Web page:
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We have an application that, along with many things, does some changes to Active Directory (add/remove user from group, change attribute values on user, etc).

We are now in the process of redesigning it (from "spaghetti-code" into a more layered solution). The Active Directory management functions is something we would like to abstract out to some degree in the domain layer, but at the same time, most functions are very technology dependent.

Should we place all Active Directory access code in the data access layer along with our DB-access, or is it ok to create a active directory library of functions and call into this library directly from the domain model? That makes the domain object persistent aware and that's probably a bad idea?

Or should all Active Directory access instead be performed in the service layer instead and not even involve the domain layer?

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up vote 2 down vote accepted

Domain Models should be technology-agnostic, so don't put your AD code in the Domain Model.

In essence you could say that AD code is just another form of Data Access, so it belongs in the Data Access Layer (DAL). However, it doesn't belong together with your database module, as that would be a violation of the Single Responsibility Principle (SRP - it applies to modules as well as individual types).

Instead of bundling it together with the database access, implement it in its own library. Conceptually, it belongs in the same layer, but it does different things, so now you have two libraries in the same layer. That's absolutely fine - you can have as many libraries in each layer as you need.

In the Domain Model, treat the AD access (and the DB access) as abstractions. Abstract Repositories are the default approach. The AD library will contain implementations of the AD Repository, and the DB library will contain implementations of the DB Repositories.

This fits well with Domain-Driven Design and the concept of an Anti-Corruption Layer.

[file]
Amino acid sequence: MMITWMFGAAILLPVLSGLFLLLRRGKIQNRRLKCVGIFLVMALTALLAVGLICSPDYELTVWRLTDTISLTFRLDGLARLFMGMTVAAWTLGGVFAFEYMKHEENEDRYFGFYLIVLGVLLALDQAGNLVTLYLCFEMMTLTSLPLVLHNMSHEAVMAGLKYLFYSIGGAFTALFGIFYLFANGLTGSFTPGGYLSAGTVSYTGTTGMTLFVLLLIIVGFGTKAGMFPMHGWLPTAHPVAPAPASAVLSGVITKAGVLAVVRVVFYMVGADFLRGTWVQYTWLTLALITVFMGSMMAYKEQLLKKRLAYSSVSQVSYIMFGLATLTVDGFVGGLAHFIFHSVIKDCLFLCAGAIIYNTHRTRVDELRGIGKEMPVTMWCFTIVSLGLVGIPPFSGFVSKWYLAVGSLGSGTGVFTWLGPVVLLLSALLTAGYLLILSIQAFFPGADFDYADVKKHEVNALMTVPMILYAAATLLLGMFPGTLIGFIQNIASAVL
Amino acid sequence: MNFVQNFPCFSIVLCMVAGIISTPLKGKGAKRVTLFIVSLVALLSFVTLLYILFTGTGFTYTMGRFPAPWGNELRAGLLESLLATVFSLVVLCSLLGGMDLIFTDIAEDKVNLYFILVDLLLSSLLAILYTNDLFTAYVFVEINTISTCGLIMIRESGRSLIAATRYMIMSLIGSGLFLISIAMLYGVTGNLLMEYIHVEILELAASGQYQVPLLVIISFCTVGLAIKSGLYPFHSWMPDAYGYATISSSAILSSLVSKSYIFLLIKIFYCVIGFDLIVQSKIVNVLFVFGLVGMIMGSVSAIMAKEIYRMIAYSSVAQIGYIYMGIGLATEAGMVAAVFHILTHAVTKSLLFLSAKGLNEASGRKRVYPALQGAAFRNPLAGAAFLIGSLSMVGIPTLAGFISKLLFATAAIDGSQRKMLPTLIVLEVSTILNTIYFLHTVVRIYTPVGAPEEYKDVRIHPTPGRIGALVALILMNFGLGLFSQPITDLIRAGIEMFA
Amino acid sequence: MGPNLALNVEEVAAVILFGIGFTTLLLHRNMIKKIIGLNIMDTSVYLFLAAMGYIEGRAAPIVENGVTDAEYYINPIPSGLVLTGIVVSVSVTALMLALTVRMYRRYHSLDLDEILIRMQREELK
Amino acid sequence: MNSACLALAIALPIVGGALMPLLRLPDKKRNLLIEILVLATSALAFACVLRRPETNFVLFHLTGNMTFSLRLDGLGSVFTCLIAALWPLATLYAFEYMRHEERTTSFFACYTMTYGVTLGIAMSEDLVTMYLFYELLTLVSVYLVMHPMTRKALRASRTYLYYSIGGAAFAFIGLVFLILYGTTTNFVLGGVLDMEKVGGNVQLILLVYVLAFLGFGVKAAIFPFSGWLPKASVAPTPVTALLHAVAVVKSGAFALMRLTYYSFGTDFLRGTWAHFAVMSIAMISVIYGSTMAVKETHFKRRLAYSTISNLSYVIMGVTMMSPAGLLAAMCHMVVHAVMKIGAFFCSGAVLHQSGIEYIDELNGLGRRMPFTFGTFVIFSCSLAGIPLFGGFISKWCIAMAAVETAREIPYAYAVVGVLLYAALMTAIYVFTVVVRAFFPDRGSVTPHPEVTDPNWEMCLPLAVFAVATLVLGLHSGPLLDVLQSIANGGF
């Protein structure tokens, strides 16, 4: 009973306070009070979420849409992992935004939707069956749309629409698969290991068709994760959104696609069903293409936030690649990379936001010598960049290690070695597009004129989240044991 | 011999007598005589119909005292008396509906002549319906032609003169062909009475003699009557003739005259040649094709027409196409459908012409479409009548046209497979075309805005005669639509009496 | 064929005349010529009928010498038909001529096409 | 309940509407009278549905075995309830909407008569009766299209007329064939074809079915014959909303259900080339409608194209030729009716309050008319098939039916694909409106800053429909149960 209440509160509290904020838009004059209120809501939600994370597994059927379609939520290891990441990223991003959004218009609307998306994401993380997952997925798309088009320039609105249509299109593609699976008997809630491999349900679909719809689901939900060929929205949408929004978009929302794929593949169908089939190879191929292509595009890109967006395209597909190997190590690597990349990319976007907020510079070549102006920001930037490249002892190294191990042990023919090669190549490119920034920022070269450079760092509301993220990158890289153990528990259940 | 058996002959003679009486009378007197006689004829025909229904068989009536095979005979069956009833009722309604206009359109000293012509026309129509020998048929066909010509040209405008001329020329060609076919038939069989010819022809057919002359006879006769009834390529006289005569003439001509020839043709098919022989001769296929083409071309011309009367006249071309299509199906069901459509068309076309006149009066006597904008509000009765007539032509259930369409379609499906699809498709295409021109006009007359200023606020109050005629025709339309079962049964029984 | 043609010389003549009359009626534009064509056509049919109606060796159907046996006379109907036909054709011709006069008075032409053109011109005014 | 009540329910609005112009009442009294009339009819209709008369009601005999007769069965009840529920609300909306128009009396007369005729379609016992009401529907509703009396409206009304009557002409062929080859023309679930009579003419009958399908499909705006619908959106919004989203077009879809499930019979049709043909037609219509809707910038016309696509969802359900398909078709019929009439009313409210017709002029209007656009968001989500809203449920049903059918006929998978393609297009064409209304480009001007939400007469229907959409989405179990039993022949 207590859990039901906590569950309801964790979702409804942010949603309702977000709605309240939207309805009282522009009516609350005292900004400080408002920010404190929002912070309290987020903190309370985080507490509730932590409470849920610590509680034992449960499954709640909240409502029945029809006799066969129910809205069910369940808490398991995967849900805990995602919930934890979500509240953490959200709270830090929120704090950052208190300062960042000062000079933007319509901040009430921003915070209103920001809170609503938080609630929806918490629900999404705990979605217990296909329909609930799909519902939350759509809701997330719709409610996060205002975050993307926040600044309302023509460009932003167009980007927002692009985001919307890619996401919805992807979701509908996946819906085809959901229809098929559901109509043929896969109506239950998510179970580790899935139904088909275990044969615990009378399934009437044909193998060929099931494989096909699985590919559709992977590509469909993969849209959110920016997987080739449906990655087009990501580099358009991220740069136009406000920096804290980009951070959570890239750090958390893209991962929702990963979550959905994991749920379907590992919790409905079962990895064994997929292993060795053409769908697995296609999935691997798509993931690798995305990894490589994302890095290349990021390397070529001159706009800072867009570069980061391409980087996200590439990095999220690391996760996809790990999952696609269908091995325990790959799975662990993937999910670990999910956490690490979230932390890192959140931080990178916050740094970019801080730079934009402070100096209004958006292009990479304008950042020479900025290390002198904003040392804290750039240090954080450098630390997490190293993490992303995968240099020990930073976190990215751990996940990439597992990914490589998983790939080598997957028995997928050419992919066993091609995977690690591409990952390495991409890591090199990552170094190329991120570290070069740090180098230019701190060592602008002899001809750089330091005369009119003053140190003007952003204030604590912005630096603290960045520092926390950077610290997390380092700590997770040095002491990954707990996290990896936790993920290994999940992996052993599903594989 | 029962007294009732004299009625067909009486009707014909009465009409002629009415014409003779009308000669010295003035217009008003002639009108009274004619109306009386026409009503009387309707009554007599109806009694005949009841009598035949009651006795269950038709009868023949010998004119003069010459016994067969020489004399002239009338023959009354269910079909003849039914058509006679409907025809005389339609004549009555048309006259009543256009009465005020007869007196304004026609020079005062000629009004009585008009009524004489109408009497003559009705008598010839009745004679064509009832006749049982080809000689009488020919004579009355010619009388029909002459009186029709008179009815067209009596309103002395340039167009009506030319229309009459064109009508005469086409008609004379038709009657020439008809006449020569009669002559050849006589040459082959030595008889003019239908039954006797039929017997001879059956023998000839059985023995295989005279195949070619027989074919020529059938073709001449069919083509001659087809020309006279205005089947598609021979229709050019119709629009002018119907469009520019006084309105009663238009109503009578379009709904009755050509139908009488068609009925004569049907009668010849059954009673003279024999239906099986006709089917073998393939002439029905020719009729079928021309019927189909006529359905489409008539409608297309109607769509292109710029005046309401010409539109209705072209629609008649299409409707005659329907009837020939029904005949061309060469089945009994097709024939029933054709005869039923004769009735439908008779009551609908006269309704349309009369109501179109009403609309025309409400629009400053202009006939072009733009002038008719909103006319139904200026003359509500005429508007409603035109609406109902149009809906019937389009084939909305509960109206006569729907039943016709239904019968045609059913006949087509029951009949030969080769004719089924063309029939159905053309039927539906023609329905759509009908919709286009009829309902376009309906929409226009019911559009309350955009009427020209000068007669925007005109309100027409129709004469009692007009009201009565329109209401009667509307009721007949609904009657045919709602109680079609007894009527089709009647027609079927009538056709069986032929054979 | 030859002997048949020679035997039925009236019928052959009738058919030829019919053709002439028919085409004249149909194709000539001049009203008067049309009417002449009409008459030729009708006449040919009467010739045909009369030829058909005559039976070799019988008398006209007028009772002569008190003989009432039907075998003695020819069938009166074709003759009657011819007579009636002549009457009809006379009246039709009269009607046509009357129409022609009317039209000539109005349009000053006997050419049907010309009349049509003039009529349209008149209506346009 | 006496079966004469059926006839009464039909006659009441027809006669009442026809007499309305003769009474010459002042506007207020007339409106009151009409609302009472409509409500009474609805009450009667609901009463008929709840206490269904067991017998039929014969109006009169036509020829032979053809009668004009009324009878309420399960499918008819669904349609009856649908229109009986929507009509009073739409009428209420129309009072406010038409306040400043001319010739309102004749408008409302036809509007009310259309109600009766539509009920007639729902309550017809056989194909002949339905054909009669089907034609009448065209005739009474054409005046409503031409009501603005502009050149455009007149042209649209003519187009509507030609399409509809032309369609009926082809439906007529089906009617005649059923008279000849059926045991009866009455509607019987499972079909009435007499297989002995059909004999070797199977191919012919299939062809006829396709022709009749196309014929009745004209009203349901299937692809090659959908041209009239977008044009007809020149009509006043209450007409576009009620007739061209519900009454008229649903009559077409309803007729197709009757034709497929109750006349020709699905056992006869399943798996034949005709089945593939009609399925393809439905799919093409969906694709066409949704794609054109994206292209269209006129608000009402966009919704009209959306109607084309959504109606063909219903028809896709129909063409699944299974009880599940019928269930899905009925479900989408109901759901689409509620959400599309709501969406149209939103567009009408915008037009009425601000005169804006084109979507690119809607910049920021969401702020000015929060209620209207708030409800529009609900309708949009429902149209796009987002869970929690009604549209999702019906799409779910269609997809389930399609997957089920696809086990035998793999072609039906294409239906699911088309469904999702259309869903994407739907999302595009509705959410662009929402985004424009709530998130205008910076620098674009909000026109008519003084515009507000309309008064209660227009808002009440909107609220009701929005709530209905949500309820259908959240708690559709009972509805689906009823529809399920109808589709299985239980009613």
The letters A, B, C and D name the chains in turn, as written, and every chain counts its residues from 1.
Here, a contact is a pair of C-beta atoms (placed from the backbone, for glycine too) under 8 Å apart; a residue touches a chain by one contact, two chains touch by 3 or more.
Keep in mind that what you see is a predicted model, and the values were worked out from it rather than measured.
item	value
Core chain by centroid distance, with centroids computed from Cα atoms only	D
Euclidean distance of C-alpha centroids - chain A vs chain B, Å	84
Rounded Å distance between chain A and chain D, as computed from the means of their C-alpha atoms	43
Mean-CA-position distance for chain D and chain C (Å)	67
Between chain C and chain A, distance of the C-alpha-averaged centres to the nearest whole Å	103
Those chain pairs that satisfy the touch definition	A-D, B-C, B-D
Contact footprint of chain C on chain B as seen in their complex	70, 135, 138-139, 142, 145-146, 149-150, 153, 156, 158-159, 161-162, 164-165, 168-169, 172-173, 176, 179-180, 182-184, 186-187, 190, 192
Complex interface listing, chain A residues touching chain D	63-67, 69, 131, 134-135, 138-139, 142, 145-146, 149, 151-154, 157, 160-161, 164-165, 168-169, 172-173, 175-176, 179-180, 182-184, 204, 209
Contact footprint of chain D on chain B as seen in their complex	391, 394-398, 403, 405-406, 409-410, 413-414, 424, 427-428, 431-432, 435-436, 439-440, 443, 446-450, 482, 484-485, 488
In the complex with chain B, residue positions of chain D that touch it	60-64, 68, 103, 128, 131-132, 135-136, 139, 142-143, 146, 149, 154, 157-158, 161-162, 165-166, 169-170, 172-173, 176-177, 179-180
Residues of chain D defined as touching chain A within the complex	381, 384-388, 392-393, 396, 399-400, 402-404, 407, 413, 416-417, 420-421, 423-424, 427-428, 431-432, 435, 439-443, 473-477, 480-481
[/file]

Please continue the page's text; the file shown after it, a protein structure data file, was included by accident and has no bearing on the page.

You can use Dependency Injection (DI) to wire the concrete Repositories up with your Domain Model.

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That makes sense. So you mean that I should have domain objects for User, Group etc. in my domain layer and by utilizing something like the virtual proxy pattern I add technology specific concerns to my domain objects (like group add/remove from user)? – Per Jan 5 '10 at 9:28
Put User and Group in your Domain Model if they make sense in the context (they probably do). No need for a virtual proxy though, as all Domain objects should be POCOs. Repositories simply expose methods that allow you so retrieve or modify the Domain objects from the underlying storage. – Mark Seemann Jan 5 '10 at 9:36
Do you mean that the domain objects should be aware of the Repository? I'm bending my brain inside out here, but i cannot get a clear view of how to correctly implement a domain model... ;). There seems to be many views on how a domain model should be implemented (or I'm just misinterpretating them). I wish someone could hold my hand while designing.. ;) – Per Jan 5 '10 at 9:43
Domain Objects that are aware of the Repository are using the Active Record pattern, but this is not currently in vogue. I prefer Persistent Ignorant POCOs, which means that the Repository knows about the Domain Object - not the other way around. – Mark Seemann Jan 5 '10 at 10:02
Take a look at Jeremy Miller's overview article in MSDN Magazine: – Mark Seemann Jan 5 '10 at 10:03

I think the technology specific things are implementation detail, should not be put in domain model.

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So you mean that it should be placed in the service layer instead? Or where do you suggest it should be placed? I'm new to domain model (have been reading many articles and books on the subject but still doesn't feel quite comfortable yet ;).. – Per Jan 5 '10 at 9:03

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